He veered away from his elder sibling’s choice of school. The younger Teng brother blazed his own trail, choosing De La Salle University in Taft as the launching pad of his basketball career.
"Of course, La Salle is the best school out there," Teng, 21, said. "La Salle is known not only for basketball but also for academics."
Teng became the face of the Green Archers the moment he stepped foot on campus 3 years ago.
From 2009-2011, La Salle suffered through what some of their students call the "dark ages" of DLSU basketball. The team missed the Final Four two of the 3 years, and didn't make the finals at all.
Coaches came and went, recruits promised a better future then suddenly departed, and noteworthy wins were scarce for an institution that prides itself in its basketball program's success.
"Playing for La Salle, it's already given that there's added pressure," Teng says. "Every year they expect La Salle to be a strong team. Everyone's expectation is really high."
But Teng took the challenge right away, carrying a starving basketball program that surrounded him with top-notch teammates such as Norbert Torres, Jason Perkins, and Almond Vosotros, to name a few, and a disciplined head coach in Juno Sauler.
In his first year, Teng won Rookie of the Year (16.2 PPG, 6.7 RPG, 2.7 APG), made it to the league's Mythical 5, and led DLSU to the Final Four where they lost to rivals Ateneo.
In his sophomore year, the young superstar earned his stripes as this generation's King Archer, playing spectacularly throughout the league's elimination round and finals (he had 25 points, 8 rebounds, and 6 assists in the Game 3 championship-clincher) to lead La Salle past UST.
"As a basketball player I think I can describe the Green Archers as players who have the animo spirit. The players that never give up no matter what the circumstances are," Teng said.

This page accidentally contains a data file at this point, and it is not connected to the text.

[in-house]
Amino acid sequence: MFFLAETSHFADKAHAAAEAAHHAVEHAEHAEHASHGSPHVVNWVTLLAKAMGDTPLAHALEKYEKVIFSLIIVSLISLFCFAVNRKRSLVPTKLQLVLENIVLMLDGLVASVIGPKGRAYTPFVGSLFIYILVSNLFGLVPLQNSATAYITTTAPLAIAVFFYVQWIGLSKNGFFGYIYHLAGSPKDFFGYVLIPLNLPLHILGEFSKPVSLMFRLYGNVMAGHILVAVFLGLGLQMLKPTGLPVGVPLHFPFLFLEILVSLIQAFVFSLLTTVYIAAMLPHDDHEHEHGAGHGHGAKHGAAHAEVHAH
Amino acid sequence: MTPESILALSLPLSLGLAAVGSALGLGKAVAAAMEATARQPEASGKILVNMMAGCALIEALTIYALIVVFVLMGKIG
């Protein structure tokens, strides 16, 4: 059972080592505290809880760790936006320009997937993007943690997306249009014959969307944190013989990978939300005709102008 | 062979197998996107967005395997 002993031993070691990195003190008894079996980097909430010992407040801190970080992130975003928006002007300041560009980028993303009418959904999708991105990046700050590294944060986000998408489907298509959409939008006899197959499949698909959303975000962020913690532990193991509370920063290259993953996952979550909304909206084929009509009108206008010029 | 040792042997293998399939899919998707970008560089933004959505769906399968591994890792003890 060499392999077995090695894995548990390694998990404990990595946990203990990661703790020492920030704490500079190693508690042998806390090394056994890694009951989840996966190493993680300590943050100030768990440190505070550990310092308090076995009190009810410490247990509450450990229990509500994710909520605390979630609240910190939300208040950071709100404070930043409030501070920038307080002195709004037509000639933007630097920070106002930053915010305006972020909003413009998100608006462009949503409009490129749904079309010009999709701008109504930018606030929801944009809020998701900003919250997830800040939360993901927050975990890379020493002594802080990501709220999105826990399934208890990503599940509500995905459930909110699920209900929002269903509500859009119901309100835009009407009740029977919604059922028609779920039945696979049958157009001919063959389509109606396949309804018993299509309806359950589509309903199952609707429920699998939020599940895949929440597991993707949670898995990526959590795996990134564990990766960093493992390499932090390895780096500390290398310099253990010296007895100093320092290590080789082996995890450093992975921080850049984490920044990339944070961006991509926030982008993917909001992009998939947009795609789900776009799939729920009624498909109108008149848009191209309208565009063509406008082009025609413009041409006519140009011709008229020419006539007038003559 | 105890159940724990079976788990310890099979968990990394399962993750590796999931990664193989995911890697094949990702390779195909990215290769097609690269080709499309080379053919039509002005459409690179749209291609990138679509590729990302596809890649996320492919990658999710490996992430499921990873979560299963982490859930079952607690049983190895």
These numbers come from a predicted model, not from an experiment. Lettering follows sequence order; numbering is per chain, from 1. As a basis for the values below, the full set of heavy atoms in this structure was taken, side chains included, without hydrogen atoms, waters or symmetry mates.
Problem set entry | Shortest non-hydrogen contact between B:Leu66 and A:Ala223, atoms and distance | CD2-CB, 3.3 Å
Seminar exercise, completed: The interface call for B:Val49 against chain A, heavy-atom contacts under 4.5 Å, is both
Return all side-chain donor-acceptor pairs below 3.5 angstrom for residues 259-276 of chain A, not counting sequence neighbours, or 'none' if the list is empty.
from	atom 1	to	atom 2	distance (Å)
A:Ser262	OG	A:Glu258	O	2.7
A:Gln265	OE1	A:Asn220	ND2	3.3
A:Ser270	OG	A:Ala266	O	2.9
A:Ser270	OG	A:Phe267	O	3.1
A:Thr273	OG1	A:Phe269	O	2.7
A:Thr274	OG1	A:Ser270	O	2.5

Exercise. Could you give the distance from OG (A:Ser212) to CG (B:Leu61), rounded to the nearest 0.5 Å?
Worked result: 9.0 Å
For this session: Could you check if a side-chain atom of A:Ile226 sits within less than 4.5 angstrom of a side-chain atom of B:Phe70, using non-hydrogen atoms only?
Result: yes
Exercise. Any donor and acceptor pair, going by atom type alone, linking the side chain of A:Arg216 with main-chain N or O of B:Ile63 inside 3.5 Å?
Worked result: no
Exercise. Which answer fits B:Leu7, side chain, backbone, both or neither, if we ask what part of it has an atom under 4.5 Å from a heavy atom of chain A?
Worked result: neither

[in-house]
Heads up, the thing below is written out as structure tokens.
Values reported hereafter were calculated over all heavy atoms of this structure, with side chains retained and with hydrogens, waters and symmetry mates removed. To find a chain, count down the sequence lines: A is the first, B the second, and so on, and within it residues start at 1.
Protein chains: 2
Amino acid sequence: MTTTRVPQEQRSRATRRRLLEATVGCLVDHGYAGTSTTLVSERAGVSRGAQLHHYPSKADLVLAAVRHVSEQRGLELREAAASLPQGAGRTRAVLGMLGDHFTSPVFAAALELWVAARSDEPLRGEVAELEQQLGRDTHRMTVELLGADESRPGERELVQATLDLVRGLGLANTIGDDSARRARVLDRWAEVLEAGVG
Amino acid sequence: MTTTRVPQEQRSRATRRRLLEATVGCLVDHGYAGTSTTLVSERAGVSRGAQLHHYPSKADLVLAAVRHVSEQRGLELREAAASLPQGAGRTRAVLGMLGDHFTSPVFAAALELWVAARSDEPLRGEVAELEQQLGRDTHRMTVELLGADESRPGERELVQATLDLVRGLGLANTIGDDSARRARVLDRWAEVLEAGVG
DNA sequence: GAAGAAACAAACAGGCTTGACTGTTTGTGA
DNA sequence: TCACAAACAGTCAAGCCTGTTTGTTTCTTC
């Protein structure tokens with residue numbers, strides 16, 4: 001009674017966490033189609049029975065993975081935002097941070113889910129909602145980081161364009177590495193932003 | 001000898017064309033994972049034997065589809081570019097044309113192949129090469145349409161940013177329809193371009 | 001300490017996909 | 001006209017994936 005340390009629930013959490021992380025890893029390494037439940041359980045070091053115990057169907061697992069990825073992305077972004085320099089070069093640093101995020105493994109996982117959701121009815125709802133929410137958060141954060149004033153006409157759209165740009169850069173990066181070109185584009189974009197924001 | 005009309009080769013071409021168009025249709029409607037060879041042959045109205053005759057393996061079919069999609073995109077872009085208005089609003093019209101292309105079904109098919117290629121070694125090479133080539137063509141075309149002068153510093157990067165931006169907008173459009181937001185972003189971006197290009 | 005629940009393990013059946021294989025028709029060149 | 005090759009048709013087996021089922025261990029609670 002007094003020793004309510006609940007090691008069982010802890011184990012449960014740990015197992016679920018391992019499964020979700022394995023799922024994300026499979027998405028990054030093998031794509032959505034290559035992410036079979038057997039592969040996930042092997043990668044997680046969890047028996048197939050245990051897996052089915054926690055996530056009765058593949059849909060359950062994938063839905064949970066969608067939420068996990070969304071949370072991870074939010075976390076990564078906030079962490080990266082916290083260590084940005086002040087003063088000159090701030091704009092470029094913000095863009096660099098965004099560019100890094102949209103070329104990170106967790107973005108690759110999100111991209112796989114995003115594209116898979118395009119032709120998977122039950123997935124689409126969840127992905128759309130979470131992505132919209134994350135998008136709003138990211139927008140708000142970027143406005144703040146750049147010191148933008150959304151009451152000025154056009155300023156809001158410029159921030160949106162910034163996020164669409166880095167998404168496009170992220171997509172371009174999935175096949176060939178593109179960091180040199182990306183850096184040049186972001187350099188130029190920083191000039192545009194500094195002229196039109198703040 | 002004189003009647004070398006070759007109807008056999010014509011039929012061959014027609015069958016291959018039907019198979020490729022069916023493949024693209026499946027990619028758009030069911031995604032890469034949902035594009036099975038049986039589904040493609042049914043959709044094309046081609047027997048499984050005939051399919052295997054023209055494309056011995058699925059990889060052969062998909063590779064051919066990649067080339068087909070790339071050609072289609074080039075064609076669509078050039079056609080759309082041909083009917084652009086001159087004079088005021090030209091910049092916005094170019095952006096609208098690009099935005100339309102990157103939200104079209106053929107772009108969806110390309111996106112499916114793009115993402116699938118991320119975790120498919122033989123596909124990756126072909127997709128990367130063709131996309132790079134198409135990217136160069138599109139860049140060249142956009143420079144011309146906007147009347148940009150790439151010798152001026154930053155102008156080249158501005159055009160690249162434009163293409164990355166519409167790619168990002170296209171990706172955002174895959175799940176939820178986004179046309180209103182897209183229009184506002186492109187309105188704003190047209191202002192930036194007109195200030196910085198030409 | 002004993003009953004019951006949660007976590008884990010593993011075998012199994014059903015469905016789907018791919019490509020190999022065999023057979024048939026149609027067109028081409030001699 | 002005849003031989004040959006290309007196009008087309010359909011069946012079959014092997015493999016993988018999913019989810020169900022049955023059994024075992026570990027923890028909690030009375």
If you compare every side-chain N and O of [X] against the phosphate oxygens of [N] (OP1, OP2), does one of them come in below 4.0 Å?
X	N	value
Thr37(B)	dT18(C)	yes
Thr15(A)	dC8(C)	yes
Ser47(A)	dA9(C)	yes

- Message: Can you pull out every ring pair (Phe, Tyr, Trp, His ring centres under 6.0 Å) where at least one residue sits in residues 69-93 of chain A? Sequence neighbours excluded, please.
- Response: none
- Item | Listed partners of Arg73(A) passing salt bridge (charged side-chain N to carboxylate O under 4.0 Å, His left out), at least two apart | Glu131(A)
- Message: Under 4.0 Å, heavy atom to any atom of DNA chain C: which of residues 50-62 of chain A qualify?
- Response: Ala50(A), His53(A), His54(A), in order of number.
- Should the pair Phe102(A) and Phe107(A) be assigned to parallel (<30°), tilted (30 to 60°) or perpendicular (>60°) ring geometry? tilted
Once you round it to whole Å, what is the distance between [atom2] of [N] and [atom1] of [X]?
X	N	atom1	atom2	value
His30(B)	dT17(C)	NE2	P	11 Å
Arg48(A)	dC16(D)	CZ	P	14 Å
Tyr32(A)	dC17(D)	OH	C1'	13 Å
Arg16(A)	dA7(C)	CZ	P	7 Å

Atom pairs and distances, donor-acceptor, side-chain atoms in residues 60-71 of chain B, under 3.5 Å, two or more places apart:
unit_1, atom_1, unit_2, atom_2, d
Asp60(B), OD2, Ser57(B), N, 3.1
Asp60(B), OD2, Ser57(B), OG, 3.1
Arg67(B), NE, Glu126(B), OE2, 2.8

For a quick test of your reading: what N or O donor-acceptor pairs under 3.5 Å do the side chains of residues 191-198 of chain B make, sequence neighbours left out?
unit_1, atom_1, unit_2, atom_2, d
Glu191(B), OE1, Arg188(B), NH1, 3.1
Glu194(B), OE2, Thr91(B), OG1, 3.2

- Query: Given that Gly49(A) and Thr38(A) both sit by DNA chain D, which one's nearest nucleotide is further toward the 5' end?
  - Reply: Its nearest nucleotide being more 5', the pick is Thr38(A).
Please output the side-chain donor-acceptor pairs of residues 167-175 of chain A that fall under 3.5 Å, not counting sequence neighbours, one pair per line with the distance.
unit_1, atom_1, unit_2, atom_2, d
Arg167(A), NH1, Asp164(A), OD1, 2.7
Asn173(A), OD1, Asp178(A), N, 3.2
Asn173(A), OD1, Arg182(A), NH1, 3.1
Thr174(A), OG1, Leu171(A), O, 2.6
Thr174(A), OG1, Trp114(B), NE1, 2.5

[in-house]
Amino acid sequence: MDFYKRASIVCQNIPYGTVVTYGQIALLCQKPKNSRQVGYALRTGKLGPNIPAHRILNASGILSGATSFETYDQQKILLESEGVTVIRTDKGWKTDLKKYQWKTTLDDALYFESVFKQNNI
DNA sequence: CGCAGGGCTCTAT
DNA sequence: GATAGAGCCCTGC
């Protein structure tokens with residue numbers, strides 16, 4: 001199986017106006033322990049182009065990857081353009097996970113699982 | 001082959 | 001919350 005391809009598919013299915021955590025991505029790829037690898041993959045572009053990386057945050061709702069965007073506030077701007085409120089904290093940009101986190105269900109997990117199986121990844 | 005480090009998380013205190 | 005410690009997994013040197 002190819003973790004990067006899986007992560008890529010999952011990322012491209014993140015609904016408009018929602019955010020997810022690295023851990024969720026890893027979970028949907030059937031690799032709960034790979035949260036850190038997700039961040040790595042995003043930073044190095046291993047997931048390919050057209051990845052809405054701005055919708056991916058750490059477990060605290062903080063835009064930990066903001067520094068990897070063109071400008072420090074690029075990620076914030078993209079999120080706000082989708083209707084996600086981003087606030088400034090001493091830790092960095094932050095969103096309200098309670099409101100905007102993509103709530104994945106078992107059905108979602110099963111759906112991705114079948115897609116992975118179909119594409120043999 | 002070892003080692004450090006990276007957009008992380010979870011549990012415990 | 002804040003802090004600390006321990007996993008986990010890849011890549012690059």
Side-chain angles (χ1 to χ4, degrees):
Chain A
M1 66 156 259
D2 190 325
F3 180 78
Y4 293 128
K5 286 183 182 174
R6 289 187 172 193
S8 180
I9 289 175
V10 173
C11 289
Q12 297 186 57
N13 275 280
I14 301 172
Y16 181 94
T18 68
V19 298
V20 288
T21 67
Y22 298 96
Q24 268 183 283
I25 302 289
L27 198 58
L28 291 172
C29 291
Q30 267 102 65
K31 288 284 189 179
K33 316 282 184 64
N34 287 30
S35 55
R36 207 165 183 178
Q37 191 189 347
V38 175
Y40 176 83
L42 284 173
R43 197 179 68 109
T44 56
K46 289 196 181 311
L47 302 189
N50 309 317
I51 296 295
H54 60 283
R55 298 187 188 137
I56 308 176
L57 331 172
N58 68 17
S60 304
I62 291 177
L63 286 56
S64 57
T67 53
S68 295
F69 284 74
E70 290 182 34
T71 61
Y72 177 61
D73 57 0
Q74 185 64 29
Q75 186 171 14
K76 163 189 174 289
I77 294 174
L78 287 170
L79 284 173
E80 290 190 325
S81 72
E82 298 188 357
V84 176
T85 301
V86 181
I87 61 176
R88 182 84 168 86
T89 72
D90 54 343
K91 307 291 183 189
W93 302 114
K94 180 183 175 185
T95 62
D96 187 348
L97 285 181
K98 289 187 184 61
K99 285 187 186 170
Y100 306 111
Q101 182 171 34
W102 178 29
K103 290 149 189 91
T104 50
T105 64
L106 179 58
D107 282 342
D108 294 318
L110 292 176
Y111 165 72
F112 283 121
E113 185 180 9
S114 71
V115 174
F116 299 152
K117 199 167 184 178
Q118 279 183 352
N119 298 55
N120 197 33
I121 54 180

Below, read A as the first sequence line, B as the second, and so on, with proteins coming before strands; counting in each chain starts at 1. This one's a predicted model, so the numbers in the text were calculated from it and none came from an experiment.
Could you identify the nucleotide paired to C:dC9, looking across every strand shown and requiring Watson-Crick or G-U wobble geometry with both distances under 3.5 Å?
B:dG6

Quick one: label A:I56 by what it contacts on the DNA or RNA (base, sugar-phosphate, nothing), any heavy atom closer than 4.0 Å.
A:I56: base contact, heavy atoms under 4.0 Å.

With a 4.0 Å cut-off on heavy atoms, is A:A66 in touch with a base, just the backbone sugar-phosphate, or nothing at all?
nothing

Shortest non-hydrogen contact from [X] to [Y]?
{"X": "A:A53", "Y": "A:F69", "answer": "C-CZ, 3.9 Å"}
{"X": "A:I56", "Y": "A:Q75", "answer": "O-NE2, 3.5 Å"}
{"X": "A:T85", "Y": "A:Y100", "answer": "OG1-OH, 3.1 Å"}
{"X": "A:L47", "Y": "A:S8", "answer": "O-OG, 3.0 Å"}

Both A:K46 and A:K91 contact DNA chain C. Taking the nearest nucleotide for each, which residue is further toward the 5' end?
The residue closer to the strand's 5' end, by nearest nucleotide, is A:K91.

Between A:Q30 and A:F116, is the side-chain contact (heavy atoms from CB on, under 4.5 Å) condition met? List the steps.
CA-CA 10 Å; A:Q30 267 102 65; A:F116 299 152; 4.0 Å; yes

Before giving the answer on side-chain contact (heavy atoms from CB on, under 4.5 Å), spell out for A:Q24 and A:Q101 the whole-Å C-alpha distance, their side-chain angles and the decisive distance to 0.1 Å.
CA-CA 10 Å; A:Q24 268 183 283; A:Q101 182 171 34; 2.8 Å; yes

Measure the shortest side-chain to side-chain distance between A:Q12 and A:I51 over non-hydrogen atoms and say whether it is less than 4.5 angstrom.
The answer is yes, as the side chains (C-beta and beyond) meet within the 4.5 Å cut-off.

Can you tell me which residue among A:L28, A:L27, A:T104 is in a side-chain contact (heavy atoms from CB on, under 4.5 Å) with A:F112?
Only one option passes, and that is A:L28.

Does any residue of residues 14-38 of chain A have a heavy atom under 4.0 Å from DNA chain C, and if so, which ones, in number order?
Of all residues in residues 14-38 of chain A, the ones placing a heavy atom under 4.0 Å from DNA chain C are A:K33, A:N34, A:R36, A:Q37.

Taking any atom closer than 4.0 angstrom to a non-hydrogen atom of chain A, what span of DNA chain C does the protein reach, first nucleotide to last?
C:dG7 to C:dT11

After winning the title, everyone wanted a piece of the Green Archer cover boy. More TV shows called for guesting appearances. More magazines called for cover shoots. More journalists called for interviews. More fans moved heaven and earth for a mere picture or autograph.
He was the talk of the college basketball scene and a celebrity.
'The Naked Truth'
And then he modelled for Bench.
A day before Game 1 of their Final Four series against FEU in 2014, Teng, his brother Jeric, and his teammate Arnold Van Opstal were invited to participate as models for Philippine brand Bench's modeling show labelled as "The Naked Truth."
The following evening, Teng made only two shots, committed key turnovers, and La Salle lost the contest, putting the team in the brink of elimination.
"When we lost the game 1 of semifinals against FEU, when we lost, they started blaming me and Arnold for participating in a fashion event of Bench, which is ‘The Naked Truth’, kasi it happened a day before the game," said Teng, who also suffered from dengue days before the modeling show and game.
He and Van Opstal, however, chose to still participate in the gig because they had already signed a contract and committed, and Teng said they had adequate sleep and rest the night before the critical match.
"We weren't affected. I mean, yeah, we appeared there in the fashion show but it ended early."
Nonetheless, the criticism Teng received was brutal.